$\begin{array}{l}{a}_{k}\left(q\right)\propto {q}^{2k},\text{\hspace{0.17em}}\text{\hspace{0.17em}}{a}_{0}=1,\text{\hspace{0.17em}}\text{\hspace{0.17em}}{a}_{1}=-\frac{{r}_{\mu}^{3}}{2\times 2},\\ {a}_{2}=\frac{{r}_{\mu}^{6}}{2\times 2\times 4\times 4};\text{\hspace{0.17em}}\text{\hspace{0.17em}}{a}_{k}=-{a}_{k-1}\frac{{r}_{\mu}^{3}}{\left(2k\right)\left(2k\right)}.\end{array}$ (19)

The series expression for the inverse-relative-permittivity function ${\underset{\_}{\epsilon}}_{r}\left(r\right)$ may be re-formatted as a power series of ${t}^{2k}$, where t is a normalized variable $t={\left({r}_{\mu}/r\right)}^{1.5}$, with corresponding normalized coefficients ${{a}^{\prime}}_{k}$.

$\begin{array}{l}{\underset{\_}{\epsilon}}_{r}\left(r\right)={\displaystyle \underset{i=0}{\overset{\infty}{\sum}}{b}_{i}{r}^{-i}}\simeq {\displaystyle \underset{k=0}{\overset{\infty}{\sum}}{a}_{k}{r}^{-3k}}={\displaystyle \underset{k=0}{\overset{\infty}{\sum}}{{a}^{\prime}}_{k}{\left(\frac{{r}_{\mu}}{r}\right)}^{3k}}={\displaystyle \underset{k=0}{\overset{\infty}{\sum}}{{a}^{\prime}}_{k}{t}^{2k}},\\ {{a}^{\prime}}_{k}{r}_{\mu}^{3k}={a}_{k},\text{\hspace{0.17em}}\text{\hspace{0.17em}}t={\left(\frac{{r}_{\mu}}{r}\right)}^{1.5},\text{\hspace{0.17em}}\text{\hspace{0.17em}}{{a}^{\prime}}_{k}=-{{a}^{\prime}}_{k-1}\frac{1}{\left(2k\right)\left(2k\right)},\end{array}$ (20)

${{a}^{\prime}}_{k}=\frac{{\left(-1\right)}^{k}}{{2}^{2k}{\left(k!\right)}^{2}},\text{\hspace{0.17em}}\text{\hspace{0.17em}}k!=\left(k\right)\left(k-1\right)\left(k-2\right)\cdots \left(1\right),$ (21)

${\underset{\_}{\epsilon}}_{r}\left(r\right)\simeq 1-\frac{{t}^{2}}{{2}^{2}{\left[1!\right]}^{2}}+\frac{{t}^{4}}{{2}^{4}{\left[2!\right]}^{2}}-\frac{{t}^{6}}{{2}^{6}{\left[3!\right]}^{2}}+\cdots ={J}_{0}\left(t\right).$ (22)

The above series is recognized as the zeroth-order Bessel function ${J}_{0}\left(t\right)$ [31]. The corresponding effective function ${{\underset{\_}{\epsilon}}^{\prime}}_{r}=1/{{\epsilon}^{\prime}}_{r}$ may be deduced from (22) using the definition (8), and is similarly recognized in relation to the first-order Bessel function ${J}_{1}\left(t\right)$ [31].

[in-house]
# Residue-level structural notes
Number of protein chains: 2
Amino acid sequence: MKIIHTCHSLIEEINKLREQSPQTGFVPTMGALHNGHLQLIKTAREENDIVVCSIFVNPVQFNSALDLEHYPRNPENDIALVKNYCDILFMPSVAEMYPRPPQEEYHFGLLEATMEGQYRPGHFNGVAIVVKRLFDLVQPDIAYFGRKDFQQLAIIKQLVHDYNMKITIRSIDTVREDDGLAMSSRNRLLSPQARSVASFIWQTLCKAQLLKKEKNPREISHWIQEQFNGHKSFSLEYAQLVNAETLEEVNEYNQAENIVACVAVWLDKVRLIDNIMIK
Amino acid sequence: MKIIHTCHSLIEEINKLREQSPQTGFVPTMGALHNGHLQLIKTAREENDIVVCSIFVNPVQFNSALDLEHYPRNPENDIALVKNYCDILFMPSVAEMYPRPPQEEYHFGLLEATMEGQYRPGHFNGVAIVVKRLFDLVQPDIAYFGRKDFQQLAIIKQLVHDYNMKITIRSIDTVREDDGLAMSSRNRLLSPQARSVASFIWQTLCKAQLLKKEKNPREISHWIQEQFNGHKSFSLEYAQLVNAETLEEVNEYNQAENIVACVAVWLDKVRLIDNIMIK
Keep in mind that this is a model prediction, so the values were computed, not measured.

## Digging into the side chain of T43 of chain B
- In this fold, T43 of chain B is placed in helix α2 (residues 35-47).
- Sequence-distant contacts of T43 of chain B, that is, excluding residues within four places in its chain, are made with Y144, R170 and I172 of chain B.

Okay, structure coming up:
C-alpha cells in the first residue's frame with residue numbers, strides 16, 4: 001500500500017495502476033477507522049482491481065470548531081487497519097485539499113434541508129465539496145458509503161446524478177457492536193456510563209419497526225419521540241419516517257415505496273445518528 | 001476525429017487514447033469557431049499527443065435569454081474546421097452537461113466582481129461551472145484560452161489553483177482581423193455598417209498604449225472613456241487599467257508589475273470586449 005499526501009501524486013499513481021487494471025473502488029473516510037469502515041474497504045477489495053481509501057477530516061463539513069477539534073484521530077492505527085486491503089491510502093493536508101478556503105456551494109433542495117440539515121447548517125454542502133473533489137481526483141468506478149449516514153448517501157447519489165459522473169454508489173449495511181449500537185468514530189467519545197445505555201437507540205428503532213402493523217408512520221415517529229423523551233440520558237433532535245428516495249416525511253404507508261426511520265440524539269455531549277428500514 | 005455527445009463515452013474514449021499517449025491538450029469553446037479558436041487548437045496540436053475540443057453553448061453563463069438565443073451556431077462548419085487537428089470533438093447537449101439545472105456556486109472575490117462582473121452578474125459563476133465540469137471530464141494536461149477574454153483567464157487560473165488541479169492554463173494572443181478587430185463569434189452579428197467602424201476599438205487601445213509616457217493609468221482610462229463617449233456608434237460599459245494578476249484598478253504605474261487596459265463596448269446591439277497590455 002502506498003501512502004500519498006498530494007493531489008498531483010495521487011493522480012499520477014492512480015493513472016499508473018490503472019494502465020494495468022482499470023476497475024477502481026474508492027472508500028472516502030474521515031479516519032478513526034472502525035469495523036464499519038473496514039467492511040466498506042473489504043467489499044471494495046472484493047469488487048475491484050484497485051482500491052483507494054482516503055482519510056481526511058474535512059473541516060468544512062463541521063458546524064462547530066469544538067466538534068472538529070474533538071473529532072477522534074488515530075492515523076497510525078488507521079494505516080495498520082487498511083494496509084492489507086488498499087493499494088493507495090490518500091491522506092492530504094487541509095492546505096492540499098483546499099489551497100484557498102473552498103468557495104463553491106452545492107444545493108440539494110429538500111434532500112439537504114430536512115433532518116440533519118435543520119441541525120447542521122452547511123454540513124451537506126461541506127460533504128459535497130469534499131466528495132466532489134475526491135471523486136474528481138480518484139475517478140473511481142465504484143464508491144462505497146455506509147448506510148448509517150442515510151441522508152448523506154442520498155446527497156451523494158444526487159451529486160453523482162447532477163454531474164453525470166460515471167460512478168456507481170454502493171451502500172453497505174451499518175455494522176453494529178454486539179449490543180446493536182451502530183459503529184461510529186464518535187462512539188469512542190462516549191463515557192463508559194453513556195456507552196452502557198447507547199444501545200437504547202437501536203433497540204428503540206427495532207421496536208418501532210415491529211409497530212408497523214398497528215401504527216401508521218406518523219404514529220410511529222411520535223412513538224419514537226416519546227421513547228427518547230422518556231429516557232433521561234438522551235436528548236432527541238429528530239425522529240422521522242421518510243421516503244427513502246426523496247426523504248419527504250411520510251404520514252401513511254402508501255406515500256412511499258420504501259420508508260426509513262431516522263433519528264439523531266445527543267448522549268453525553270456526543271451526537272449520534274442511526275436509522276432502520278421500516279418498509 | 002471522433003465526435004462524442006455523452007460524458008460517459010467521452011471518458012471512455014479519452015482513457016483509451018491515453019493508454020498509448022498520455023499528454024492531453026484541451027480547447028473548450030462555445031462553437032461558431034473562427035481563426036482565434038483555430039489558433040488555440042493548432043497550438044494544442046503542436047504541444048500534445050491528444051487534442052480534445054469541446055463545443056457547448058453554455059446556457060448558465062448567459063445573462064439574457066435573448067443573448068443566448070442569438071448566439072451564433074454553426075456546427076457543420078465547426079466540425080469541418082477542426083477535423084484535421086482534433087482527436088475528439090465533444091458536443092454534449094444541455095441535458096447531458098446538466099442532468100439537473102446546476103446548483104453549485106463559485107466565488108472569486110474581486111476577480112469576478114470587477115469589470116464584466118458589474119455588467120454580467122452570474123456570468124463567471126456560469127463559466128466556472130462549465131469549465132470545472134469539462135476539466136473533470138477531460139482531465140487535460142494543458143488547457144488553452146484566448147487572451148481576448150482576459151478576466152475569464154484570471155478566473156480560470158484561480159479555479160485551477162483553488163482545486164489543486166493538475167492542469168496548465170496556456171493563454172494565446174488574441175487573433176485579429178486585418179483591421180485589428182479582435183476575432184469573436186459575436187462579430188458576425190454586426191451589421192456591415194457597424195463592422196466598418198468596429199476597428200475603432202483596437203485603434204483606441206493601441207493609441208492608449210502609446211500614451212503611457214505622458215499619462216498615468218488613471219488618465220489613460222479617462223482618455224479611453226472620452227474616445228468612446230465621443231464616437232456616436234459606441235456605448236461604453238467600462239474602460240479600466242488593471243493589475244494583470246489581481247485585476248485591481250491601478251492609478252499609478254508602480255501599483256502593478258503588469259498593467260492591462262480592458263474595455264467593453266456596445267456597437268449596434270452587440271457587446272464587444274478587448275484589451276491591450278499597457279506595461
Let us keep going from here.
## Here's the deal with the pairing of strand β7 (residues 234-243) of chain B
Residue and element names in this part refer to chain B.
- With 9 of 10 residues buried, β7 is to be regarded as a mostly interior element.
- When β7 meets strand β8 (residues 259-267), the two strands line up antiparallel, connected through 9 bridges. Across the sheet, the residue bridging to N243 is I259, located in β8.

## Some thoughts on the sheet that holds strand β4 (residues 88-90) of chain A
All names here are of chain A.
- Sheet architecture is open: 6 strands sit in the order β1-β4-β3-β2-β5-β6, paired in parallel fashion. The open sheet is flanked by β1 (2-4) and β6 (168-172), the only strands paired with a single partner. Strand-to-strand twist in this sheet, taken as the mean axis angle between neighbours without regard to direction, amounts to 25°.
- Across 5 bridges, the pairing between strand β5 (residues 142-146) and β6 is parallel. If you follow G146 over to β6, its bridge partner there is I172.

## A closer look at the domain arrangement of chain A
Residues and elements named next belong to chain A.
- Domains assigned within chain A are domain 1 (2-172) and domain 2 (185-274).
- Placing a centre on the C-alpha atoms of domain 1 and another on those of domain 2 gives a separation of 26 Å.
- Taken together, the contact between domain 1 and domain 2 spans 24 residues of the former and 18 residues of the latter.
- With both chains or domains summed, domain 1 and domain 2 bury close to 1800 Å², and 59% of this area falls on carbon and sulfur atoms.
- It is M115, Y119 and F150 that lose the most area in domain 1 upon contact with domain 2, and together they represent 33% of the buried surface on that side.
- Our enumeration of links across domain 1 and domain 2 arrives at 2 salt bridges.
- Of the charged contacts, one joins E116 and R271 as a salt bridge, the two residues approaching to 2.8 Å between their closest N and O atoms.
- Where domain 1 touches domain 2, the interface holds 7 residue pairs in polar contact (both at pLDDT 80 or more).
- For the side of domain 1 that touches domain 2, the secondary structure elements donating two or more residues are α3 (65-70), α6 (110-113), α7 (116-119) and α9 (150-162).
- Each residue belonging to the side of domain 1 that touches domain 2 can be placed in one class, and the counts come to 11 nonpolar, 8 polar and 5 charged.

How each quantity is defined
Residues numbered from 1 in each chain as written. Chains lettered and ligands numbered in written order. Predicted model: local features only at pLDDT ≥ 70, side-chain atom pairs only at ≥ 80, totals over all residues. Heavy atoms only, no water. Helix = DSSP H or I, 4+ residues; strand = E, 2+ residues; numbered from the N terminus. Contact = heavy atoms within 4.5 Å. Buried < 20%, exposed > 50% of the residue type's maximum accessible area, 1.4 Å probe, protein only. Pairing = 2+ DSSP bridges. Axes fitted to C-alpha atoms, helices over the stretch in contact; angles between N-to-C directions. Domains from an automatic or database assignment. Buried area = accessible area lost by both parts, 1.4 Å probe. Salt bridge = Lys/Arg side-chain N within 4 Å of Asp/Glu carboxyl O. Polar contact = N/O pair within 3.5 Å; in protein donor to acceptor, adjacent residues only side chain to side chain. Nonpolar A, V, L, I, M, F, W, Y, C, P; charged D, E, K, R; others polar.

$\begin{array}{c}{{\underset{\_}{\epsilon}}^{\prime}}_{r}\left(r\right)=\frac{2}{{q}^{2}}{\displaystyle \underset{0}{\overset{q}{\int}}q{\underset{\_}{\epsilon}}_{r}\left(q,r\right)\text{d}q}\\ \simeq 1-\frac{{t}^{2}}{{2}^{2}{\left[1!\right]}^{2}\times 2}+\frac{{t}^{4}}{{2}^{4}{\left[2!\right]}^{2}\times 3}-\frac{{t}^{6}}{{2}^{6}{\left[3!\right]}^{2}\times 4}+\cdots \\ =\left(2/t\right){J}_{1}\left(t\right).\end{array}$ (23)

The inverse-relative permittivity function ${\underset{\_}{\epsilon}}_{r}=1/{\epsilon}_{r}$ of (22), as well as the corresponding effective function ${{\underset{\_}{\epsilon}}^{\prime}}_{r}=1/{{\epsilon}^{\prime}}_{r}$ of (23) are plotted in Figure 3 as a function of the normalized radius ${r}_{\mu}/r={t}^{2/3}$.

The function ${\underset{\_}{\epsilon}}_{r}=1/{\epsilon}_{r}$ that would have resulted if a conventional energy density for a linear medium (see (14, 8)) were used (incorrectly) in the above derivation of Section 4.1, where the effective function ${{\underset{\_}{\epsilon}}^{\prime}}_{r}=1/{{\epsilon}^{\prime}}_{r}$ from (8) that defines the energy density would be equal to the function ${\underset{\_}{\epsilon}}_{r}=1/{\epsilon}_{r}$, is expressed in (24), and is also plotted in Figure 3 for reference.

${\underset{\_}{\epsilon}}_{r}\left(r\right)={{\underset{\_}{\epsilon}}^{\prime}}_{r}\left(r\right)\simeq 1-\frac{{t}^{2}}{{2}^{2}\mathrm{1!}}+\frac{{t}^{4}}{{2}^{4}\mathrm{2!}}-\frac{{t}^{6}}{{2}^{6}\mathrm{3!}}+\cdots ={\text{e}}^{-{t}^{2}/2}\mathrm{.}$ (24)

Notice in Figure 3 that the function ${\underset{\_}{\epsilon}}_{r}$ of (22) (and the corresponding effective function ${{\underset{\_}{\epsilon}}^{\prime}}_{r}$ of (23)), derived using the rigorous definition of the energy density (8) for a non-linear medium, exhibits an oscillatory behavior changing its sign from positive to negative values and vice versa. This is in contrast with the result for ${\underset{\_}{\epsilon}}_{r}=1/{\epsilon}_{r}={{\underset{\_}{\epsilon}}^{\prime}}_{r}=1/{{\epsilon}^{\prime}}_{r}$ from (24) (using a simplistic (incorrect) UEG model), which monotonically approaches zero with no oscillatory behavior. The rigorously derived, oscillatory behavior of the ${\underset{\_}{\epsilon}}_{r}=1/{\epsilon}_{r}$ and ${{\underset{\_}{\epsilon}}^{\prime}}_{r}=1/{{\epsilon}^{\prime}}_{r}$ functions is a key development, which would lead also to an oscillatory behavior of the total energy/mass of the charge particle as a function of radius, to be established in the following section. This would allow the charge particle to maintain a stable structure at discrete values of radius, where the total

Figure 3. Inverse-relative permittivity of the empty space, and its effective value for energy-density calculation, plotted as a function of radial distance from a central charge.